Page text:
Quick chemistry update and Sad news

Two things to cover today.

They are fairly connected, but be warned, they are both chemistry related. It really goes without saying that the moment you enter into Aquaponics, you are going to get to a point where you have to deal with chemistry… My background certainly doesn’t have much formal study with chemistry, but I know some of the basics. I have to admit that I am still astounded by how quickly some of the chemical changes in an ecosystem can change.

I have switched my methods of water transfer between the water reservoir of the Emily Garden and aquarium for the moment to include a more total switch-out of water than the method I was previously using. My “theory” method was to have 2 pumps pushing water both from and to the aquarium and Emily Garden, and let water diffusion take care of the balancing. I am still of the opinion that this is a viable alternative, but in efforts to try to get my water quality under control, I have been trying something new. I have been siphoning about 2 gallons out of the tank into a bucket, then pumping that 2 gallons of water from the plant reservoir back into the fish tank. Then again siphoning out 2 gallons into a bucket, and pumping 2 gallons back in from the other Emily plant reservoir into the fish tank. If my basic math is right, that should be a 75% water replacement in the fish tank… The only way that this isn’t WAAAY to hard on the fish is that the water is coming from their tank into the plant side in the first place, so it isn’t a “new water shock” issue.

The thing that absolutely floored me was that on Tuesday of last week, my tank was really heavy/toxic with nutrients, when I performed the above exchange – so the water that I put into the plant reservoir was maxed high in nutrients, (high in ammonia and nitrite), and 2 days later, it was at nearly zero in the levels. The plants had cleaned the water completely in just 48 hours. In that time, it had gone through the entire cycle of ammonia breaking down into nitrite and then further breaking down into nitrate, and all of this being absorbed by the plant for food. At the end of the cycle, there was only a trace amount of nitrate left that the plants hadn’t used yet – and this is the “least” toxic to the fish.

It’s one thing to know that these processes work – it is another to have them definitively shown to work that fast. Way cool.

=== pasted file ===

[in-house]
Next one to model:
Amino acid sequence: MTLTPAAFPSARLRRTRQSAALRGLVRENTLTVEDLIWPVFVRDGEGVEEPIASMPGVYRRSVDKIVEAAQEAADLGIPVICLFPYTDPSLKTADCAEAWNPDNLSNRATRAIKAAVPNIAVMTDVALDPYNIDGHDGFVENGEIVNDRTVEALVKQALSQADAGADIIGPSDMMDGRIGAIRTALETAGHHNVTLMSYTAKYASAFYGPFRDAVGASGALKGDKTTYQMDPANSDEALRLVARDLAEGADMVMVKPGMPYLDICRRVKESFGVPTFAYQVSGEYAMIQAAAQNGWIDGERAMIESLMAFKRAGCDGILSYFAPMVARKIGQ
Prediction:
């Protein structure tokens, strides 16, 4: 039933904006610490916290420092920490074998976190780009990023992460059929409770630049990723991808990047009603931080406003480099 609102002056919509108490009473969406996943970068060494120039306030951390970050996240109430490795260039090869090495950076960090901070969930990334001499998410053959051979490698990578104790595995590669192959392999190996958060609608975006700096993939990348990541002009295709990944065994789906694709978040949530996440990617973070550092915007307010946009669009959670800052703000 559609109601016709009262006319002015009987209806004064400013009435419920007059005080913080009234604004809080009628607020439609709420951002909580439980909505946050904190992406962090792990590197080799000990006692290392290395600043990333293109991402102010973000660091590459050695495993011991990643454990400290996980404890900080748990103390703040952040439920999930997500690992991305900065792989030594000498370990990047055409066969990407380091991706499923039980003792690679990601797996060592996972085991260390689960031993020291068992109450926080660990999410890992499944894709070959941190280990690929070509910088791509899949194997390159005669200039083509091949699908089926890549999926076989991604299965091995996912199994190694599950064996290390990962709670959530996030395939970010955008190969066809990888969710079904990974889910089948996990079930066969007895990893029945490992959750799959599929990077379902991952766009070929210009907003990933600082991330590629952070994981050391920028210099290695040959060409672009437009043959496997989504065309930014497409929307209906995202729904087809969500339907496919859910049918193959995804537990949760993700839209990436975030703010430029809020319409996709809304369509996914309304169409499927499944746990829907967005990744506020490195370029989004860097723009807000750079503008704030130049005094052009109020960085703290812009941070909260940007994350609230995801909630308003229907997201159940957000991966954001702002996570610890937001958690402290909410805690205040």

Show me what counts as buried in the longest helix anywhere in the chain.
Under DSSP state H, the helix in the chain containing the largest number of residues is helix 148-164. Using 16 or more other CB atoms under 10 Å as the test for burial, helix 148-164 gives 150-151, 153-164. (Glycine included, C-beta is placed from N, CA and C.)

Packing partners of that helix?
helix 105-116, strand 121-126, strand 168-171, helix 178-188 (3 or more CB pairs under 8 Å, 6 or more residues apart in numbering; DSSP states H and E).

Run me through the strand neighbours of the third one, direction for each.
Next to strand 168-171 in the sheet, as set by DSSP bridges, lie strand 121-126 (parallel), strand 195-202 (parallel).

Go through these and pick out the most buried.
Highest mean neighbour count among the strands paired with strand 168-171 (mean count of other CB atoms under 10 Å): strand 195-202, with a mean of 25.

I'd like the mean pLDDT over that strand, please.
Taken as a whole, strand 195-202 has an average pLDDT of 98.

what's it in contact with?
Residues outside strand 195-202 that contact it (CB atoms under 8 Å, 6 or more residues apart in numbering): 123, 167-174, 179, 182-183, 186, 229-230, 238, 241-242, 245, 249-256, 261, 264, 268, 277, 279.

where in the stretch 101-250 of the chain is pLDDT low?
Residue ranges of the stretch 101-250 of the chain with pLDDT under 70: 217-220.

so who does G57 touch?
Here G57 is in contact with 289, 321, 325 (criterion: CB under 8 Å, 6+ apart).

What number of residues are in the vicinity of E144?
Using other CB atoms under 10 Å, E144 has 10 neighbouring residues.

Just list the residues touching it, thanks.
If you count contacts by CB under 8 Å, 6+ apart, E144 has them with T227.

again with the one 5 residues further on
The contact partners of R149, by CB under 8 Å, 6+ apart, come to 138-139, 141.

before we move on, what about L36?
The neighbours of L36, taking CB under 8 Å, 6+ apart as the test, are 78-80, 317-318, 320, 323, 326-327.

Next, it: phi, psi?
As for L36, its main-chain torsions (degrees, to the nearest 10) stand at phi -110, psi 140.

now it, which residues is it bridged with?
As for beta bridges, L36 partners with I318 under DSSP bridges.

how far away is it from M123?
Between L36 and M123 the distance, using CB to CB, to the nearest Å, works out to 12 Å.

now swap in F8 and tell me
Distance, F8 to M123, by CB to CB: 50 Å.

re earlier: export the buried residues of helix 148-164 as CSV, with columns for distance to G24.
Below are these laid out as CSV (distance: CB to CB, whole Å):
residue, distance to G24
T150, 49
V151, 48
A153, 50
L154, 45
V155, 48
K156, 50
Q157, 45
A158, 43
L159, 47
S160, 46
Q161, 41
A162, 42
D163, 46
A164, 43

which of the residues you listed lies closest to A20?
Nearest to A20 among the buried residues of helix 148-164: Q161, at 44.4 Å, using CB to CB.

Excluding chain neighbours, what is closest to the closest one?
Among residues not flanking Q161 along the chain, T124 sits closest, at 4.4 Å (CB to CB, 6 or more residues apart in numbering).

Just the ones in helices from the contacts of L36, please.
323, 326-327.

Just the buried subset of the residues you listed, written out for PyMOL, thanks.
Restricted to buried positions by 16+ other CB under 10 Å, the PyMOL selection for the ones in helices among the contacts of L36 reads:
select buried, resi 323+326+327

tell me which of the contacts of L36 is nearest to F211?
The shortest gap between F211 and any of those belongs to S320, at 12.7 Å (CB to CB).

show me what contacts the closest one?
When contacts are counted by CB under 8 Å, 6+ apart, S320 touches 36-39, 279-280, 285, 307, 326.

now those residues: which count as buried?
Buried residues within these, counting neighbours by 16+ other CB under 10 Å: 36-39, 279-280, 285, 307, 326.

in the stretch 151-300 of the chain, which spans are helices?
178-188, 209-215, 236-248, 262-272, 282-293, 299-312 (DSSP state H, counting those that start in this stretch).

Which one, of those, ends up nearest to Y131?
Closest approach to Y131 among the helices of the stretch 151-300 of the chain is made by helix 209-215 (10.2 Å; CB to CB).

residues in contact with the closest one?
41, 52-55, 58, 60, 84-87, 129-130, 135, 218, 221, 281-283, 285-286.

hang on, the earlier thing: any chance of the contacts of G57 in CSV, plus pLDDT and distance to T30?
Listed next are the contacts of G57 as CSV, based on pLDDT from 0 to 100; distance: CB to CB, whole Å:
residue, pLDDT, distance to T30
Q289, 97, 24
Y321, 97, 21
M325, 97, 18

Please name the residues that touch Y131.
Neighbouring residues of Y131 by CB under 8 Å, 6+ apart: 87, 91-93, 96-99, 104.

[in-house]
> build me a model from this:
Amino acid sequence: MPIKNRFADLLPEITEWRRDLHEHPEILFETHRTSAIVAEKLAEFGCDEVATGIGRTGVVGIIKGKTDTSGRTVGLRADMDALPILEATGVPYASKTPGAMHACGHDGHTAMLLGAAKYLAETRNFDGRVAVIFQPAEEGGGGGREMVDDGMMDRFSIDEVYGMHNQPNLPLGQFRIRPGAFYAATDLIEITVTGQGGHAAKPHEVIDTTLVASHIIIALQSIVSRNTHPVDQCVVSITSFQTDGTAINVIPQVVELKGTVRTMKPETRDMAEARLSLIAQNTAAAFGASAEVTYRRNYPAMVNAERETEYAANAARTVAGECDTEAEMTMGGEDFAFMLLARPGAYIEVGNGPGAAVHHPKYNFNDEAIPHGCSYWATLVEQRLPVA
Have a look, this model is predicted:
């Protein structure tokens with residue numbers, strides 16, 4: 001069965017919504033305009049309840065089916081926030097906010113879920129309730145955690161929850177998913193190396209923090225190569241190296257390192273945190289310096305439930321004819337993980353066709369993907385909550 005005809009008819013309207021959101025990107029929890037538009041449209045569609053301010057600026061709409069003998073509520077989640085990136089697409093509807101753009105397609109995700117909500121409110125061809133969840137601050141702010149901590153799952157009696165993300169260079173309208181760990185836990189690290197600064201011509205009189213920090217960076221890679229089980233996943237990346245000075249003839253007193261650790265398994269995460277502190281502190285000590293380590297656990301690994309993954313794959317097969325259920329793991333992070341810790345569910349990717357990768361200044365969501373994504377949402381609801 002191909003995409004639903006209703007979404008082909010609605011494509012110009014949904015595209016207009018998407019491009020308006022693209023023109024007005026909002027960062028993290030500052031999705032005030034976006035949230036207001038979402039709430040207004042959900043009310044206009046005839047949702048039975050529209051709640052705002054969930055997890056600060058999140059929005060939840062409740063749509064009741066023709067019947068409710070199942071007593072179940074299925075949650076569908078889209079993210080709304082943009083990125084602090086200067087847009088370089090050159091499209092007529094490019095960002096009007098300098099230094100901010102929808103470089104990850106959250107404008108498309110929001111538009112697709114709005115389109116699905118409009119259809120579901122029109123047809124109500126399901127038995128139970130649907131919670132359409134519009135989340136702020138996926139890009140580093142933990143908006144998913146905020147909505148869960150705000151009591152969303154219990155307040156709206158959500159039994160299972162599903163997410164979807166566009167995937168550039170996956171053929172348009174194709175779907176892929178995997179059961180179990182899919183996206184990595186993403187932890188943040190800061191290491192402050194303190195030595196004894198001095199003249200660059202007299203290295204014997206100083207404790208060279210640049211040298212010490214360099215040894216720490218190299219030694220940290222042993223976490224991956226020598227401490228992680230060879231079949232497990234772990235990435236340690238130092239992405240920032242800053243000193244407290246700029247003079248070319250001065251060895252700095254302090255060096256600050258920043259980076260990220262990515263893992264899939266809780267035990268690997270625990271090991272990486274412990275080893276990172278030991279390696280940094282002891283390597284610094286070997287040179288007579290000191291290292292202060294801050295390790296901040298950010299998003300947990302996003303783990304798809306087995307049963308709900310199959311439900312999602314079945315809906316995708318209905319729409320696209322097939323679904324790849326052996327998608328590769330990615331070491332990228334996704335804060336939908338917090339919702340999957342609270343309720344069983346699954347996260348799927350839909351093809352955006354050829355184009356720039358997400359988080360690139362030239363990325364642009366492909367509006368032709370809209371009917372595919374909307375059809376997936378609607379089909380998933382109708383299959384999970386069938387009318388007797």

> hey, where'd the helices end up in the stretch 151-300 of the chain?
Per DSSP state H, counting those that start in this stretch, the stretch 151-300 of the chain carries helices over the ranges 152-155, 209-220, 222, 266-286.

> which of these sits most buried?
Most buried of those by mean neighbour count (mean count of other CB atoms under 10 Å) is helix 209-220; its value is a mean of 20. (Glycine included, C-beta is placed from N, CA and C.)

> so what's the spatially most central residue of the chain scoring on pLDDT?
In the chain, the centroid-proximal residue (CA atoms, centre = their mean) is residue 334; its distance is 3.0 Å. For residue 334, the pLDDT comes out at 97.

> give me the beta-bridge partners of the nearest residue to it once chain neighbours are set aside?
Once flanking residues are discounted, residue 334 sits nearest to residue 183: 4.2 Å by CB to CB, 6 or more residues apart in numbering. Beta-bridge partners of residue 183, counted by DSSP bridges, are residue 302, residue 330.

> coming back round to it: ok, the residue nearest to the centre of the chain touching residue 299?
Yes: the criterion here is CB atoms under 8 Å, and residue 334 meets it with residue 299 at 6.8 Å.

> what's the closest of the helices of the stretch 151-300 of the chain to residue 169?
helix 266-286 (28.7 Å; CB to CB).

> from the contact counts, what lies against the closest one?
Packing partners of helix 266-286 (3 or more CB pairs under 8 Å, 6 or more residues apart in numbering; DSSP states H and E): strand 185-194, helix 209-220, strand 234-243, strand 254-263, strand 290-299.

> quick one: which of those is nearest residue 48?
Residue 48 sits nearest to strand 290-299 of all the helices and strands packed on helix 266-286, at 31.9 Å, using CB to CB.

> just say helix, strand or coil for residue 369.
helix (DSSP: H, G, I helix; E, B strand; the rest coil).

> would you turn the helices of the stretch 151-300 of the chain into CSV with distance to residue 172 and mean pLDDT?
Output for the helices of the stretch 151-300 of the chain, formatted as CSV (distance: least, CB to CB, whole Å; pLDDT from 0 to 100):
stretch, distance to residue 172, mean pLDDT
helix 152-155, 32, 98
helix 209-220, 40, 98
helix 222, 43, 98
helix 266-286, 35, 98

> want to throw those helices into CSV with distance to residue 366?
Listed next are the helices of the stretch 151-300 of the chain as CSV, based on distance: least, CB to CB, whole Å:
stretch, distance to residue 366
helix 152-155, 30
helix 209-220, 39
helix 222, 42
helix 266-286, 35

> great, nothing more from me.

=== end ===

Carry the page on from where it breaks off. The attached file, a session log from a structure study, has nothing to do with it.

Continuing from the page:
So… on a sad note – speaking of processes working overly fast (not to mention karma of my last post title)… I was out of town this weekend (Happy pet/house sitting with absolutely fun set of 2 Labradors and 4 cats), and my fish had to be left without supervision. They had enough food to get through the first day, and my research indicates that they can go short periods without food – so I was fairly confident that they would get through the weekend okay. In future thinking – I kind of wanted to know that this was possible for my general life planning, so it was also kind of a mini-experiment.

Well, my tank chose this moment to fully go through the nutrient cycle and clarify the water, something that I have been hoping would happen, but it is a rapid chemical change that is healthiest for me to be around for… Chemically, this means that all of their ammonia and nitrites were converted to nitrates, and because we are talking a small tank – it became very toxic for them in an overload of nitrates. I lost three fish when I was home that afternoon, and another four before the day was done. I (of course) have changed out the water once, and will be doing so again to get the levels safe again, but a sad day. I am hoping that I have guessed the kill reason, and that I’m not dealing with an even more serious issue, but as of the next day, they had stopped dying, so I’m moderately certain it was the toxic stress rather than other issues.

Silver lining, the tank is now crystal clear, so at least I know that it is possible to have that, which has great implications for long term happiness of fish viewing. And those that made it are (mostly) still growing right along and getting big.

Now, back to work transplanting seedlings, as I just planted about 30 new plants to take over for some of my lettuce that has run it’s course. Below is a fish video of those fish that survived. Moment of silence for those that didn’t…

Categories: Aquaponics

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